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Catch 22 - bedroom tax, backing you into a corner

View profile for Joanne Ellis
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Catch 22 situation; ‘A situation in which a desired outcome is impossible to attain because of a set of inherently illogical rules or conditions’. In my view, perfectly describing that which has become known as the bedroom tax.

Imagine the situation; Mr ‘X’ has lived in a social registered 2 bedroom property for the past 5 years. He moved here when his relationship with his partner broke down. He was placed on the social housing waiting list, whilst living in hostel accommodation. Eventually he was provided with a 2 bed room property, despite only ever requesting the need for a 1 bedroom property. He has lived here for the past 5 years, with no problems. Mr X works 16 hours a week on minimum wage in a shop, grateful that he has a job at all in this economic climate.

His rent is £78.00 per week and before the introduction of the bedroom tax he was entitled to £62.91 Housing Benefit and maintained paying his shortfall of £15.09 per week. However, since April 2013 his entitlement to Housing Benefit has been reduced to £51.99 per week, leaving him with an increased shortfall of £26.01 per week. This is around 26% of Mr X’s weekly income and a considerable decrease to what he has previously budgeted for.

Mr X’s landlord appeared to be planning for these changes and came to visit him late 2012 to discuss his options. At this meeting he confirmed that he was more than happy to move into a 1 bedroom property. Unfortunately, though, his landlord has been unable to move him into a smaller property, as they simply don’t have the stock.

Mr X is now in arrears, for the first time during his tenancy, and has been threatened with possession proceedings, he has also been told that he will not be considered for a move whilst he has these arrears. Mr X now has a significantly reduced chance of being able to move into a smaller property which is within the social housing sector and furthermore the only way which he can move into the private sector is to raise enough money for a deposit. Mr X is likely to consider withholding his rent to use this money for a deposit as he will now think that there is no other possible solution. Not something which I would recommend, but something which I can see Mr X’s reasoning behind.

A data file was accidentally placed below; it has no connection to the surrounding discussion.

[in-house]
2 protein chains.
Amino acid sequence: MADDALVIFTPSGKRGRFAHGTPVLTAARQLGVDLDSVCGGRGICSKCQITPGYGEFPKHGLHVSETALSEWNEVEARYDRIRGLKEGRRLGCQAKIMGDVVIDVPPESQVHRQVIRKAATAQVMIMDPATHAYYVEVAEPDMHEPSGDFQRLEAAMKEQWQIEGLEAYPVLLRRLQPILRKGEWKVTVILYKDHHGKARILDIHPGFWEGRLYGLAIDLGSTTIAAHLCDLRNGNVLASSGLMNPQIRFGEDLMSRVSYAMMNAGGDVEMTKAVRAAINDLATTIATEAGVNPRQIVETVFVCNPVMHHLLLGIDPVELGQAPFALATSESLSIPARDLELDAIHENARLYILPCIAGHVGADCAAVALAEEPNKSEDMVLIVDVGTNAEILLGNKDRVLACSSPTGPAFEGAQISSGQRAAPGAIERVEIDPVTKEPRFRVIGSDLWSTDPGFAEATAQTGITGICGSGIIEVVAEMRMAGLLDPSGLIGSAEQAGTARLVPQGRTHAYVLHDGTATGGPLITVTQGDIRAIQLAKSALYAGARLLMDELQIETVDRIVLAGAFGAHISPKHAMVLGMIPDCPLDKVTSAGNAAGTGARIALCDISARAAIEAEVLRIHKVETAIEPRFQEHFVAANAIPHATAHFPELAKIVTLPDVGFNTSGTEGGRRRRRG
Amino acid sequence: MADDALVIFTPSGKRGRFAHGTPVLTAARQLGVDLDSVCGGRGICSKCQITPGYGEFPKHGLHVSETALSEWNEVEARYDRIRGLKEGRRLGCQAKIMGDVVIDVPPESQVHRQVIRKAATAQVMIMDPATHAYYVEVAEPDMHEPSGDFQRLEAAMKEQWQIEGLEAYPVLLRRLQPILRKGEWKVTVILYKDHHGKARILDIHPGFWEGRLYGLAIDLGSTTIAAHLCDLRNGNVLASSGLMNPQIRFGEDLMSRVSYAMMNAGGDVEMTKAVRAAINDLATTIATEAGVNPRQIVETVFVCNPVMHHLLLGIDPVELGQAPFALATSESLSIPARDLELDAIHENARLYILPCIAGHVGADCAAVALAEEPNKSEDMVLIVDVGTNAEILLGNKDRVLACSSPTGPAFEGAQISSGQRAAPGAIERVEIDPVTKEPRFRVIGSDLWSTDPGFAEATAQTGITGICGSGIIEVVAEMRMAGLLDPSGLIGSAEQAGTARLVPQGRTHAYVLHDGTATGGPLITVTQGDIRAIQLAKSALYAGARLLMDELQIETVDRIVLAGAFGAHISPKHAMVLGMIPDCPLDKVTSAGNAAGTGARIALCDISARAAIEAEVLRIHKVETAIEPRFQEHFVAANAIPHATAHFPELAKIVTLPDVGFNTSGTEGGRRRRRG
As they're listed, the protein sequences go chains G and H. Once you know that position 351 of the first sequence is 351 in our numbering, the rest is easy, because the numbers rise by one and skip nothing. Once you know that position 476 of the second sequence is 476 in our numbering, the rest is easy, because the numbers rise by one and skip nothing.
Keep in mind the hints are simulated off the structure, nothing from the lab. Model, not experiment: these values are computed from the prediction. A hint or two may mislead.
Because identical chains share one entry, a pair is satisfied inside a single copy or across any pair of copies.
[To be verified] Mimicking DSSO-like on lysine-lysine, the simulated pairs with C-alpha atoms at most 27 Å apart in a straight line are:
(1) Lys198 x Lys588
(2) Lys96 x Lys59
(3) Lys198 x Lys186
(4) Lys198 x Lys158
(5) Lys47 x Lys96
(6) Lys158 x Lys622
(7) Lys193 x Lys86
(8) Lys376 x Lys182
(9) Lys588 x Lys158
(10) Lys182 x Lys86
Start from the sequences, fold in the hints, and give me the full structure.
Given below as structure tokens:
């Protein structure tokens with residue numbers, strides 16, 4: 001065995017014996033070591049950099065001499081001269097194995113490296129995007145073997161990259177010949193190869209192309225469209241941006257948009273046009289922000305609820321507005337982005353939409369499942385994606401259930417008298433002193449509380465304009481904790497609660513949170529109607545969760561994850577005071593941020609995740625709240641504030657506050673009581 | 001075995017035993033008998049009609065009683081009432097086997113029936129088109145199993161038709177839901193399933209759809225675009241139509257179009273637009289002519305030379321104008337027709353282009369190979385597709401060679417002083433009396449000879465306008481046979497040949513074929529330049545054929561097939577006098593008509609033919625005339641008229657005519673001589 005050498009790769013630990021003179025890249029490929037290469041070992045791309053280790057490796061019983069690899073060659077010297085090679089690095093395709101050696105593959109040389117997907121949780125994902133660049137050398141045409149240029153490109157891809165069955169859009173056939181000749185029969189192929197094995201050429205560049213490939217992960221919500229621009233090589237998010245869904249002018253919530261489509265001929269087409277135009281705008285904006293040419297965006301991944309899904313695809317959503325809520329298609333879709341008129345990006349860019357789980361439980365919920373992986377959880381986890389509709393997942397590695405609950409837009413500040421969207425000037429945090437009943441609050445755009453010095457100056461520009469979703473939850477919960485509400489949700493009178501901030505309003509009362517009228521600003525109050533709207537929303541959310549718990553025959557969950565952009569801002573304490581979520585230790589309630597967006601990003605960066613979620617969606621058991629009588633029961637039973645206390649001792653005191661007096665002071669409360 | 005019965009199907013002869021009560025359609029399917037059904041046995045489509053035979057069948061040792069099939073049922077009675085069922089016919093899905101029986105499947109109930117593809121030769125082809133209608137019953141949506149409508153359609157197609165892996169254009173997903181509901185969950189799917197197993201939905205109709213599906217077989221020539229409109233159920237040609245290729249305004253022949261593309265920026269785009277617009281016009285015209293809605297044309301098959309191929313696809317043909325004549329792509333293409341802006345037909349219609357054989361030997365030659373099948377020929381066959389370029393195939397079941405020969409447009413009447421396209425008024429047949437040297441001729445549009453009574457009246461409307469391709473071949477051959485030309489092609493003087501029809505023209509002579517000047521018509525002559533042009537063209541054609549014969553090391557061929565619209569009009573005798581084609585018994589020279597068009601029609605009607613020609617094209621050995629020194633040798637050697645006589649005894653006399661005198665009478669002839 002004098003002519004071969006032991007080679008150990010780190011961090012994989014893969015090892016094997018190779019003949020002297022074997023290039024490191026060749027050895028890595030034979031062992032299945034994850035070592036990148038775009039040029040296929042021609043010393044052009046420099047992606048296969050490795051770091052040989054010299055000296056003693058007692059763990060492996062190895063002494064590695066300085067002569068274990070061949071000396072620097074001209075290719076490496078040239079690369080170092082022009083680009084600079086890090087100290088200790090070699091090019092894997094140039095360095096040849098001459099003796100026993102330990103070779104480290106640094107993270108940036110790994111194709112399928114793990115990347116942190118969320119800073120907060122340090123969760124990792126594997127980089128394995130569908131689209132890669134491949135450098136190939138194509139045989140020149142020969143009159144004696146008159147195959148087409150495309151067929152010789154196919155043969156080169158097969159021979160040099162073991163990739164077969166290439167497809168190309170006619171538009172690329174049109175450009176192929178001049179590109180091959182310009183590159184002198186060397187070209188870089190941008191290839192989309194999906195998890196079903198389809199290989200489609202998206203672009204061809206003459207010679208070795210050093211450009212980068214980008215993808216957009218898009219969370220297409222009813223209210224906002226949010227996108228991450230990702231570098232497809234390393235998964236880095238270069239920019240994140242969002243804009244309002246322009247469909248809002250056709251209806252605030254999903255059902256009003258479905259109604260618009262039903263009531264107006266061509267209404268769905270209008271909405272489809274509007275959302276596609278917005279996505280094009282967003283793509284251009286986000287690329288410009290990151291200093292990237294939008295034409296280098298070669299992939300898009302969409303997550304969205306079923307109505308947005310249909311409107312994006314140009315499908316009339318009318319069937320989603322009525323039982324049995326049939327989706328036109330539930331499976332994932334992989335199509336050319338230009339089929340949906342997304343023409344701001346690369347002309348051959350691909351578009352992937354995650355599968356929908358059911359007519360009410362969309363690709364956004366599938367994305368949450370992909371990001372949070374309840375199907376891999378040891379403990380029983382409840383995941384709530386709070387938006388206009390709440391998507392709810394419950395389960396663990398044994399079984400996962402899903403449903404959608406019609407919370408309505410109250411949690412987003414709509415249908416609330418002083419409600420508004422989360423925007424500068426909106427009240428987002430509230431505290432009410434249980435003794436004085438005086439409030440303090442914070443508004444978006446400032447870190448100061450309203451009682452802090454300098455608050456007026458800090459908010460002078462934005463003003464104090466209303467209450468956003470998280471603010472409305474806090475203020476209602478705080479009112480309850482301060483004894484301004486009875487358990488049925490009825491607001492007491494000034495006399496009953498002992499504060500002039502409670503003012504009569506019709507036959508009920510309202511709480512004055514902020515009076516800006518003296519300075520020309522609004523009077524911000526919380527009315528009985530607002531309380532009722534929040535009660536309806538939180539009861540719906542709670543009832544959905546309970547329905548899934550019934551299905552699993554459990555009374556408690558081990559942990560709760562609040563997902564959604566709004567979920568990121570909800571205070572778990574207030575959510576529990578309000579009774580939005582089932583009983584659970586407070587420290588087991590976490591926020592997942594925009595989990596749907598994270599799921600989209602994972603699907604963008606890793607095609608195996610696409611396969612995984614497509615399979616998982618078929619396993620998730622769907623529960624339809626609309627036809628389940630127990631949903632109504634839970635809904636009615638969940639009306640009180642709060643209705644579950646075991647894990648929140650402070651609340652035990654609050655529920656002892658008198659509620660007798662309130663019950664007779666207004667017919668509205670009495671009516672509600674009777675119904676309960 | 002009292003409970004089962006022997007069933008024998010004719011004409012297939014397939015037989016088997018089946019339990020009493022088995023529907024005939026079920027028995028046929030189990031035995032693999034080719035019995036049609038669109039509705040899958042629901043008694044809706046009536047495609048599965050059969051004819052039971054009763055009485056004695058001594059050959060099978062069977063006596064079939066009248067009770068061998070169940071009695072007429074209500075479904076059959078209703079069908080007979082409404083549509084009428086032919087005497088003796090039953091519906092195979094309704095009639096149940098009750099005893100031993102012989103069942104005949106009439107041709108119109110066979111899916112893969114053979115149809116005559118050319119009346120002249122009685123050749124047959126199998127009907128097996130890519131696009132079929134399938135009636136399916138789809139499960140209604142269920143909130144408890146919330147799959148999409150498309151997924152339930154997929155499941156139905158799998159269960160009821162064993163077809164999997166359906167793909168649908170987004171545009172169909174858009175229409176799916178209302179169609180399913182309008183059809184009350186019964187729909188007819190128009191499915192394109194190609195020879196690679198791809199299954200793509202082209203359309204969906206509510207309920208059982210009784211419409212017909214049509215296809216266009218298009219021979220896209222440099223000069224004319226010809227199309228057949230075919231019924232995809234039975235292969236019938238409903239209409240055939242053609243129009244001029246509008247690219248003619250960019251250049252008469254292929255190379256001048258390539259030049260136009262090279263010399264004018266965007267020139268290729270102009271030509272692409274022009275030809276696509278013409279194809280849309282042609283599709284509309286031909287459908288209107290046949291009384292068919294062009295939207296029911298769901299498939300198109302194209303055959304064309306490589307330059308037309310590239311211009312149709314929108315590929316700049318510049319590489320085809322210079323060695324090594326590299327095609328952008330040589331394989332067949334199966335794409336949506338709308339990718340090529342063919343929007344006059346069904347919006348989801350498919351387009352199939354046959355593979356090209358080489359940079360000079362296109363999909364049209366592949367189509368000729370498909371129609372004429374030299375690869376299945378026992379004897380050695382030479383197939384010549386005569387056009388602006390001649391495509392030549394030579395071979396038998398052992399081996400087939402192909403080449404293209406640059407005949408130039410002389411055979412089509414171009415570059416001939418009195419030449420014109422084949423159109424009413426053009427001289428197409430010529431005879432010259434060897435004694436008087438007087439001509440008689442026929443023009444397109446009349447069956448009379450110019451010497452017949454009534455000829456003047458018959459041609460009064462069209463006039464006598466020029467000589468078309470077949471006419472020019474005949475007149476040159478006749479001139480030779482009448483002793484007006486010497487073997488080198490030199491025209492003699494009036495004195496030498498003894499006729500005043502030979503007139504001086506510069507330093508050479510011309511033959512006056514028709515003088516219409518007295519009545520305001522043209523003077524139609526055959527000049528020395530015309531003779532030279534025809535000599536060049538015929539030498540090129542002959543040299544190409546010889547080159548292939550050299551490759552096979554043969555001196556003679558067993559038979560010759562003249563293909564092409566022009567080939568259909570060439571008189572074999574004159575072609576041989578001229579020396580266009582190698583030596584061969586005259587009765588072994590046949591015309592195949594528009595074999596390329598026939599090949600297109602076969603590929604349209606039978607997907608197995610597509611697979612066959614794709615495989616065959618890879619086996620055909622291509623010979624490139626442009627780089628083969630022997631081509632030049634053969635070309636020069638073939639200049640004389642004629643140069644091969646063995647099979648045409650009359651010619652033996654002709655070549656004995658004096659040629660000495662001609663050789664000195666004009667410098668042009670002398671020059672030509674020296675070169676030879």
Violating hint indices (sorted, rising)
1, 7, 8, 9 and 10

This, although may just be one scenario, is a more than common situation which I find myself listening to from our clients and it seems that this is not an unusual occurrence.

It's recently been revealed in the news, via information which was obtained when The TUC's False Economy campaign made Freedom of Information requests to all of Britain's councils, that one in three council tenants affected by the recent changes in Housing Benefit are behind on their rent since the implementation took place. Furthermore at least 50,000 council tenants, who were not previously in arrears, have now fallen into arrears since the bedroom tax came into effect this year.

The Department for Work and Pensions said they are “ensuring the extra funds to support vulnerable tenants are used well as these changes are introduced". However these extra funds, know as Discretionary Housing Payments have been all but exhausted within St Helens Council. False Economy campaign manager Clifford Singer confirmed this further and said ''The worst part is that these figures have been collated while councils' emergency Discretionary Housing Payments are still available; they are being used up at record speed and when they run out, these figures will only get worse,"

Out of 2511 social tenant households within the Manchester area affected by the Bedroom Tax, 805 households have arrears purely from the Bedroom Tax changes. Salford is considered one of the worst areas with 565 households out of 1371 which are affected by the bedroom tax being in arrears for the first time. This is a staggering 41%.

Now, take a breath, I understand the reasoning, albeit poor, behind the implementation of the bedroom tax, but what I don’t understand  is how the Government can think that this is a fair policy which will achieve the outcome which  it  is has been set to do.

The Government implemented the bedroom tax with the ideal to create a situation in which they could free up under occupied properties for families living in overcrowded conditions and reduce the Housing benefit spend. But, as there are not enough smaller properties to move people into, the rules and restrictions imposed in connection with the bedroom tax make this impossible to attain. All it does, to a vast majority, is lock the tenants in to their under occupied homes, create more arrears and increase the governments spend in other areas, such as homeless services. Therefore creating the catch 22 situation.

How will this evolve further? Only time will tell...

By Victoria Jordan, housing law team